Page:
New library display showcases legacy of Governor Tom Ridge

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New library display showcases legacy of Governor Tom Ridge

Alex Trabold, Staff writer

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During reconstruction of the Hammermill Library, Mercyhurst included several displays of The Ridge Archives on the first floor. These archives display different artifacts, photos and letters that were significant to former Governor Tom Ridge.

University and Ridge Archivist, Bryan Colvin, was a key part of making this project a reality.

“It was higher administration’s idea to set the archives up,” Colvin said. “There were also donations given to them by the Arnold Palmer Foundation and the Hillman Foundation.”

The reason for the construction of a special place for the archives was because Mercyhurst wanted to showcase the life of Governor Tom Ridge in a more prominent area.

Until the display cases were built, the artifacts were only sitting in boxes in the archives, right next to Colvin’s office on the third floor of the library. The reconstruction of the library provided the perfect opportunity to showcase the history of Tom Ridge to the Mercyhurst community.

Tom Ridge was an extremely influential figure within the Erie community, and Mercyhurst in particular.

Colvin believes that the displays will inspire future generations of students to succeed.

Colvin decided how the showcase layouts were designed and what specific items were on display.

The creation of these displays involved collaboration from many different members of the Mercyhurst community.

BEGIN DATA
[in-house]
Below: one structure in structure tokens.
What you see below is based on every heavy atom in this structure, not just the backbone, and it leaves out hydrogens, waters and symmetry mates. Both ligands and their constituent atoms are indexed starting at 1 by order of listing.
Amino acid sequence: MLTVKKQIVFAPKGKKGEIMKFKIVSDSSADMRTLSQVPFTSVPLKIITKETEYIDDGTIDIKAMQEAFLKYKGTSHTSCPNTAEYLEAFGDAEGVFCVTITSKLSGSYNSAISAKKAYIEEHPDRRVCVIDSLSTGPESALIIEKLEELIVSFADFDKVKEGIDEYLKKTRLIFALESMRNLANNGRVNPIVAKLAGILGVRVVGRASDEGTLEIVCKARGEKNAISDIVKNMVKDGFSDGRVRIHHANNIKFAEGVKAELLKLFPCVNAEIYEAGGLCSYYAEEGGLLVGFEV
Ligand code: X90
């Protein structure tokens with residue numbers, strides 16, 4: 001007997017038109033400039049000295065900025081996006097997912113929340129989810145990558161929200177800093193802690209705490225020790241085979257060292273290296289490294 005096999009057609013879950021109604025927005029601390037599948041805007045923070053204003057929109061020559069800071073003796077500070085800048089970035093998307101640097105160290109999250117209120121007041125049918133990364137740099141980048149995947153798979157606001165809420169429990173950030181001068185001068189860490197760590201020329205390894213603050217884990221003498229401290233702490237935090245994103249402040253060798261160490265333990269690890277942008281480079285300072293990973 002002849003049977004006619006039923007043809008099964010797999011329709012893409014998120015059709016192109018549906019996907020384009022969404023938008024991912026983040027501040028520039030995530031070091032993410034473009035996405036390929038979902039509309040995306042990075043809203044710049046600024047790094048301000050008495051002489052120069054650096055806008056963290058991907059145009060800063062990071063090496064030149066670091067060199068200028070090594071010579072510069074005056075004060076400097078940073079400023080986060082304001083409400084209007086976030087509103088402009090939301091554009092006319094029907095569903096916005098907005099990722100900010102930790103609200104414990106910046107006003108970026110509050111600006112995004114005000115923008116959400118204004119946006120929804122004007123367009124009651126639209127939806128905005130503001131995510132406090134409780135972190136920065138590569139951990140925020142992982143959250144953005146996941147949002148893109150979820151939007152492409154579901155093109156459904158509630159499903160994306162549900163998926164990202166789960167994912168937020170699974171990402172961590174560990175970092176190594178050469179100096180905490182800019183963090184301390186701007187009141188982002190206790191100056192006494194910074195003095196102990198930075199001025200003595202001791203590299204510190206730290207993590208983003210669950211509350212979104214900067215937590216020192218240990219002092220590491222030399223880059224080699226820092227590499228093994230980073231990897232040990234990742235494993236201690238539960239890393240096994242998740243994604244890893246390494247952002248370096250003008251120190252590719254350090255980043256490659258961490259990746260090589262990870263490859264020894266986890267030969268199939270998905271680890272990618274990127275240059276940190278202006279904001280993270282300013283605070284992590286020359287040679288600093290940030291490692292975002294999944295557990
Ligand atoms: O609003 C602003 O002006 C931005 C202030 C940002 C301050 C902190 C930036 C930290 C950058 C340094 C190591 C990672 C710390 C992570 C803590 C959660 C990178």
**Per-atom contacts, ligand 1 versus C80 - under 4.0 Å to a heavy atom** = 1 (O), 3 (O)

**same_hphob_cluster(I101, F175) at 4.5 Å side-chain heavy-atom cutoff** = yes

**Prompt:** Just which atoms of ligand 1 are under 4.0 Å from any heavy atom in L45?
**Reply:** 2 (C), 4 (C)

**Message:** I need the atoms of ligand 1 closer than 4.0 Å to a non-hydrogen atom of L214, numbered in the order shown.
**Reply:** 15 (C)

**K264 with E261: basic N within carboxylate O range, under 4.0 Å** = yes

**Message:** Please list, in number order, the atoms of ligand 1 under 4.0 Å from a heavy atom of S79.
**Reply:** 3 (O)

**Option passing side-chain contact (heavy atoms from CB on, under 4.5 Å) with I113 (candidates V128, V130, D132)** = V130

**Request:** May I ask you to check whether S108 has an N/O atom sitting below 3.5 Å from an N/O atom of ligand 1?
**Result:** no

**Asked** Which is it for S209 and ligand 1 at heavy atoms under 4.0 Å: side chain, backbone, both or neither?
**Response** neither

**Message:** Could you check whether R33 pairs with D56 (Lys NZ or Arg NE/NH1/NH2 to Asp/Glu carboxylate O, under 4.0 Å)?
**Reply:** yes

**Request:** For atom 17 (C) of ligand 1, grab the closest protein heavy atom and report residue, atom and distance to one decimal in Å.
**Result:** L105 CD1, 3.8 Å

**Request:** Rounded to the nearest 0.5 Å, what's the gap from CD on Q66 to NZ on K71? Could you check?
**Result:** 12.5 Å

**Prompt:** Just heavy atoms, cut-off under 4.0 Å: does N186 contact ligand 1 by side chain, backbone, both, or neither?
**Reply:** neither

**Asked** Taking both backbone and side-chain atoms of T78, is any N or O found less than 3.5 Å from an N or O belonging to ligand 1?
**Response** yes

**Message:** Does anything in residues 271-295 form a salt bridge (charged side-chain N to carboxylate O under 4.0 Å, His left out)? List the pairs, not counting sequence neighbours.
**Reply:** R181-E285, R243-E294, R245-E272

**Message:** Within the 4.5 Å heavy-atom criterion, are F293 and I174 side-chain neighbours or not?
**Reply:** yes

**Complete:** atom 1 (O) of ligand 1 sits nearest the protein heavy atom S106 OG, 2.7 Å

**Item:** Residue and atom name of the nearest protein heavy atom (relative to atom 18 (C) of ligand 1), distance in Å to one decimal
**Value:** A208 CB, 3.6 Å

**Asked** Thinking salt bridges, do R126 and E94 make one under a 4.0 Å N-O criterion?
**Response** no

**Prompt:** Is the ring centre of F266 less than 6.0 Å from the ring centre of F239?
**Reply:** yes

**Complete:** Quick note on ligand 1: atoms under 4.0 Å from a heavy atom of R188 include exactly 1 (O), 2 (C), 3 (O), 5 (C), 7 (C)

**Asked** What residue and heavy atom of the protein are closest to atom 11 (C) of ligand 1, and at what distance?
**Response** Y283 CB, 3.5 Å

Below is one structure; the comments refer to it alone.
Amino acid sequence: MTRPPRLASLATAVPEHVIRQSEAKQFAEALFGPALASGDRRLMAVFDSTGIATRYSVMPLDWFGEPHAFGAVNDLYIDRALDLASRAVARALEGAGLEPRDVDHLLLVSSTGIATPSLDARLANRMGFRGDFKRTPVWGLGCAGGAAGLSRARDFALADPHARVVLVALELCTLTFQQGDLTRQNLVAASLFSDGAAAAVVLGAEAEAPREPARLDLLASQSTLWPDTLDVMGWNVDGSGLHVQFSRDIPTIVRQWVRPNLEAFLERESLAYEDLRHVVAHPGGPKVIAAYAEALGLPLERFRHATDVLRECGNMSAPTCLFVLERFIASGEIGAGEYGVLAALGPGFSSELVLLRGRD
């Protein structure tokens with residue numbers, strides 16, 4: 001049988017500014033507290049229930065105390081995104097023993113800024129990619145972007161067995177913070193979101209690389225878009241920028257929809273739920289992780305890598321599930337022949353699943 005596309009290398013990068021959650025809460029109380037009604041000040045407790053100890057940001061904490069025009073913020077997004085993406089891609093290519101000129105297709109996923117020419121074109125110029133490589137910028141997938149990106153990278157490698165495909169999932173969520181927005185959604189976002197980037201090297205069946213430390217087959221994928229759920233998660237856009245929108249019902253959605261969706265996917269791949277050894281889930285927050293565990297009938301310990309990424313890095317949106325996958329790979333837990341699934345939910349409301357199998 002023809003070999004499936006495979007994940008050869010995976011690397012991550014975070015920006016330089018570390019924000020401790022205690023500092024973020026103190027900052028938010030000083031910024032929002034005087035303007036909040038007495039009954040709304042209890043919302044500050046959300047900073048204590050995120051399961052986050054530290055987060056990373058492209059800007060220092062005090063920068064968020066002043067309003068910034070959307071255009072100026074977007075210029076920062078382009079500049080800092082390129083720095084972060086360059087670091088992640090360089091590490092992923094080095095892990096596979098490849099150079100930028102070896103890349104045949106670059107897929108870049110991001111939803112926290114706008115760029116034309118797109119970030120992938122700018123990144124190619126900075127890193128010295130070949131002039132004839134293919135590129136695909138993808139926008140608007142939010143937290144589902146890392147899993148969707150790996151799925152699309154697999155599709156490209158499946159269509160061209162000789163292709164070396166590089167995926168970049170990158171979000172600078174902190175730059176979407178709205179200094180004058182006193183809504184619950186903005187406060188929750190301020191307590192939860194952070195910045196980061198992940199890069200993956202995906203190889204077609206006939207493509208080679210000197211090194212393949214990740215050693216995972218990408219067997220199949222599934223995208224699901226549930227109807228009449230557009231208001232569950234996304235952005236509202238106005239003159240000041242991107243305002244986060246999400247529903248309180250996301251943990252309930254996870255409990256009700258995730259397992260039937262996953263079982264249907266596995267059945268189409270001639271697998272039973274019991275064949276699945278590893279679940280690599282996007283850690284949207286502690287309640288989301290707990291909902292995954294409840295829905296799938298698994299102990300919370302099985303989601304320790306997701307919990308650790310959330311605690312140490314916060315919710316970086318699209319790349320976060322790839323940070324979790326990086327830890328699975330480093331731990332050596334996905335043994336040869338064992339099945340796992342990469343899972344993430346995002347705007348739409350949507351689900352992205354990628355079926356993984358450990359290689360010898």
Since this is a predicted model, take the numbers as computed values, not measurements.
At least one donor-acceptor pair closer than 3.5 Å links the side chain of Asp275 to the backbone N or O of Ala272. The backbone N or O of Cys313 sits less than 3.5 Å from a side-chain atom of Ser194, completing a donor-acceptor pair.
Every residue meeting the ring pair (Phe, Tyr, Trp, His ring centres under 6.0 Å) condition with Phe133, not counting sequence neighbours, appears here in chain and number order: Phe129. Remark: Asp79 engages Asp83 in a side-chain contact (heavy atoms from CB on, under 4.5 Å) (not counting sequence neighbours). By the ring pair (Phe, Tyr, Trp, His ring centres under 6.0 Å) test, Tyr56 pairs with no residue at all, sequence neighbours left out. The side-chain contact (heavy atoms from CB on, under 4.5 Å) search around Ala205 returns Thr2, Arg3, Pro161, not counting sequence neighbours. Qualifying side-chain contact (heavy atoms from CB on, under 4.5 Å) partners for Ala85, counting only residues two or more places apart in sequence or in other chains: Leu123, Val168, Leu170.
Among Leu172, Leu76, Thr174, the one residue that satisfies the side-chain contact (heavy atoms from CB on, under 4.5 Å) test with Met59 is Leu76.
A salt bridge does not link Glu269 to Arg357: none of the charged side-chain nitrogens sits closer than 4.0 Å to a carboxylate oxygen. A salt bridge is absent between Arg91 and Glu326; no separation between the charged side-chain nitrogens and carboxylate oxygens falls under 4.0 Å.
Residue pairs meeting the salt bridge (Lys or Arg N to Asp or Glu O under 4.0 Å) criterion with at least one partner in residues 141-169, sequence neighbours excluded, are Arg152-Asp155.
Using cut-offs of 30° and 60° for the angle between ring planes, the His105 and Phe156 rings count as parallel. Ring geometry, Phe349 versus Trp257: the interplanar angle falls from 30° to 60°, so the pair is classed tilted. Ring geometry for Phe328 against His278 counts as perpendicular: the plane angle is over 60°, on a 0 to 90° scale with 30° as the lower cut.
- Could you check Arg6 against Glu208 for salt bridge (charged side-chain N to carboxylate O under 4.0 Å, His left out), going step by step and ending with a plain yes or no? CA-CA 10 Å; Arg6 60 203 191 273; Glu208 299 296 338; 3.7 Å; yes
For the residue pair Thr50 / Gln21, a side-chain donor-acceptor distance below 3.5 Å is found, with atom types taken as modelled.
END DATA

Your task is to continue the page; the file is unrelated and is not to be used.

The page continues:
The placement and prints were chosen together by Dionne Veitch, Executive Director of Marketing and Brand Management, and Jeremy Hewitt, Graphic Designer and Print Manager of Marketing and Brand Management.

They helped to make the display cases visually appealing, along with providing photographic prints of any of the desired images. Some students even aided with gathering items, such as senior Molly Kennedy and sophomore Shannon Gotham.

The main display of the Ridge Archives is a timeline detailing all the events of his life with memorabilia accompanying it.

This display also has a screen that plays a video explaining its importance.

To the left and right of the display are plaques dedicated to Elsie Hillman and Arnold Palmer, whose foundations helped finance the project with donations.

The first floor displayinclude a variety of items from Ridge’s career.

Mr. Rogers’ iconic sweater, given to Governor Ridge by the man himself, is on display along with a personalized note. There is also a series of letters sent by Presidents George Bush and Bill Clinton to Governor Ridge.

Aside from professional work, there are photos and items dedicated to his wife and family.

Other artifacts include items that he received from different Republican conventions that he attended, photos of him alongside celebrities such as Tom Hanks and a helmet gifted to him by the Seattle Fire Department after the Top Officials Exercise.

The plethora of memorabilia and information shown from these displays should give students an impression of who former Governor Tom Ridge is and his importance to the Erie community.
Colvin and his collaborators have worked to make sure that our students remember his legacy.